2016 saw the release of Serious Business (Sono Luminus), the foursome’s most ambitious recording project to date, and a major tour of Beat Furrer’s epic, hour-length “String Quartet No. 3”, both of which garnered rave reviews in major international publications. “A delirious new record,” (Alex Ross), Serious Business is an intrepid exploration of the many-sided face of humor in classical music, featuring vibrant premieres by stunning young composers Sky Macklay, David Reminick, and Chris Fisher-Lochhead, paired with a centuries-old gut-buster, Haydn’s Quartet Op.33 No. 2, “The Joke.” The quartet’s multi-city tour of Beat Furrer’s “String Quartet No. 3” and Bagatellen, a new work by Hans Thomalla, “proved that they [the quartet] have everything: a supreme technical command that seems to come easily, a capacity to make complicated music clear, and, most notably on this occasion, an ability to cast a magic spell…” (The New York Times).
At home both in and out of the concert hall, Spektral Quartet enthusiastically seeks out vehicles to bring classical music into the sphere of everyday life, prioritizing immersion and inclusivity through close-proximity seating and intimate, unconventional venues. Major upcoming projects in the quartet’s native city include the Chicago premiere of Morton Feldman’s notorious six-hour String Quartet No. 2 at the Museum of Contemporary Art, multiple appearances at the inaugural Ear Taxi Festival, a youth-oriented interactive tour of Chicago in partnership with the Chicago Parks District, the recording of new works by composer Anthony Cheung, and a major new initiative on Chicago’s South Side in collaboration with multidisciplinary artist Theaster Gates. The 2016–17 season will also see dynamic new programs pairing works of Ravel, Beethoven, and Mendelssohn with the voices of emerging composers, and new works by George Lewis, Augusta Read Thomas, Samuel Adams, and Tomeka Reid.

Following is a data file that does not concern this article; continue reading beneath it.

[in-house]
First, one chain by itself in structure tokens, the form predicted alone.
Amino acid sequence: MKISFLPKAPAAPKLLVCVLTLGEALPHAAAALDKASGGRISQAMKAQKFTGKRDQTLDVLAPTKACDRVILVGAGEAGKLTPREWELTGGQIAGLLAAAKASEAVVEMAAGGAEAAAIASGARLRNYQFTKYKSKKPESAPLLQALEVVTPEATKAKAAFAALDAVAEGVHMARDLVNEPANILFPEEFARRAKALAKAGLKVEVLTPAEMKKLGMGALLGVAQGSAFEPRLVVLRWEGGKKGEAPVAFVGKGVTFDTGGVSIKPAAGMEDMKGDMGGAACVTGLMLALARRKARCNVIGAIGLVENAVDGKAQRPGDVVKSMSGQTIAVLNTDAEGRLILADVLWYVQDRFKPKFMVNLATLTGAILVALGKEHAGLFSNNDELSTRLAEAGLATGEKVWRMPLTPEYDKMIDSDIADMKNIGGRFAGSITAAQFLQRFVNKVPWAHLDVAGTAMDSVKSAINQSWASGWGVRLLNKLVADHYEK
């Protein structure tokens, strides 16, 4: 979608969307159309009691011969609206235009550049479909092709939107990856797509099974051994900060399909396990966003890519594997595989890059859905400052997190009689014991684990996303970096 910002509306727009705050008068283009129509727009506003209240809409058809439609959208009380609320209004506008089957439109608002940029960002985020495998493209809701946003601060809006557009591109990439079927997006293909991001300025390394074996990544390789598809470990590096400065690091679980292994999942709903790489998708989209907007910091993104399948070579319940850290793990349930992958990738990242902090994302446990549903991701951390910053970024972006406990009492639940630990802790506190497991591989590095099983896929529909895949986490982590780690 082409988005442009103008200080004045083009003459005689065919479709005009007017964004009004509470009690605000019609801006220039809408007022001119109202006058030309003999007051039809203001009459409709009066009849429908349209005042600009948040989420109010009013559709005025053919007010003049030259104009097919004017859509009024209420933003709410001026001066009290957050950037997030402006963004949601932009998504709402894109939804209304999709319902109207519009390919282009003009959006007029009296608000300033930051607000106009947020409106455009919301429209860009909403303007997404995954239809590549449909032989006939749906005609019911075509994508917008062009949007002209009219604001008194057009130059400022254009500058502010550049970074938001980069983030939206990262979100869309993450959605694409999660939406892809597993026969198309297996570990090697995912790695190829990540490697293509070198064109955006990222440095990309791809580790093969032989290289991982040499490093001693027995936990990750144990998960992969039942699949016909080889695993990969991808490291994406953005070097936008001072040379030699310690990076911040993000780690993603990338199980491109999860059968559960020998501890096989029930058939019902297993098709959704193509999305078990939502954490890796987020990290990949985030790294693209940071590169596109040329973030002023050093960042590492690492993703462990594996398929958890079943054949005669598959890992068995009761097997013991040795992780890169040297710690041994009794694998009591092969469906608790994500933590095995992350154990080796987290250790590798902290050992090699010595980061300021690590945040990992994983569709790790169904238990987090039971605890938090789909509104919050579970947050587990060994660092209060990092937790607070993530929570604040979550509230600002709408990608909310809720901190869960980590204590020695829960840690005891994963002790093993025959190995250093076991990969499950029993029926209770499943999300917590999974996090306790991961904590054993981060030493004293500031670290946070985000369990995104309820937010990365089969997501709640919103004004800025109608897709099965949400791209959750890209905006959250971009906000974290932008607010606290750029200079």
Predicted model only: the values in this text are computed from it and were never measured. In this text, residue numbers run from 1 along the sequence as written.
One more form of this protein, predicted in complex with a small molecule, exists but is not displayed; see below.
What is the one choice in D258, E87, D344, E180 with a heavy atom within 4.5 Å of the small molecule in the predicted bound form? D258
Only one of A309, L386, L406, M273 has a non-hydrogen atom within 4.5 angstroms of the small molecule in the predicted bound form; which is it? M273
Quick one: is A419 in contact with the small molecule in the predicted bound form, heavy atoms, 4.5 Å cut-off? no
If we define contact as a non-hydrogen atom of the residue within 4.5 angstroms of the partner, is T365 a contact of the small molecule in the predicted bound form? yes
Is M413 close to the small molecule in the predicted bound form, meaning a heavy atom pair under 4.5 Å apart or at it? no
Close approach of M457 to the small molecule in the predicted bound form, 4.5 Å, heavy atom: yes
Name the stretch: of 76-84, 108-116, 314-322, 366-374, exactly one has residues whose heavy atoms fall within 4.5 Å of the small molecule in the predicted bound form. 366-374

The ensemble is regarded for forward-thinking endeavors such as Mobile Miniatures, which rallied more than forty composers from across the nation, including David Lang, Augusta Read Thomas, Nico Muhly and Shulamit Ran, to write ringtone-length pieces available for download to mobile devices. As ardent advocates for new music in their home city, the group recorded its debut album, Chambers (Parlour Tapes+), in 2013, featuring works by dynamic, Chicago-based composers. Other discography includes a recording with Third Coast Percussion of Selene, an octet by Augusta Read Thomas for the album Of Being Is a Bird (Nimbus Records); and From This Point Forward (Azica Records), an exploration of nuevo tango and Latin jazz with bandoneon virtuoso Julien Labro. It is central to Spektral Quartet’s mission to cultivate a love of, and curiosity for, unfamiliar sonic territory and exceptional works of the past among the next generation of string players. Currently ensemble in-residence at the University of Chicago, the quartet has also participated in residencies at the New World Symphony, Stanford University, Northwestern University, University of Wisconsin— Milwaukee, and the Walden School, among others.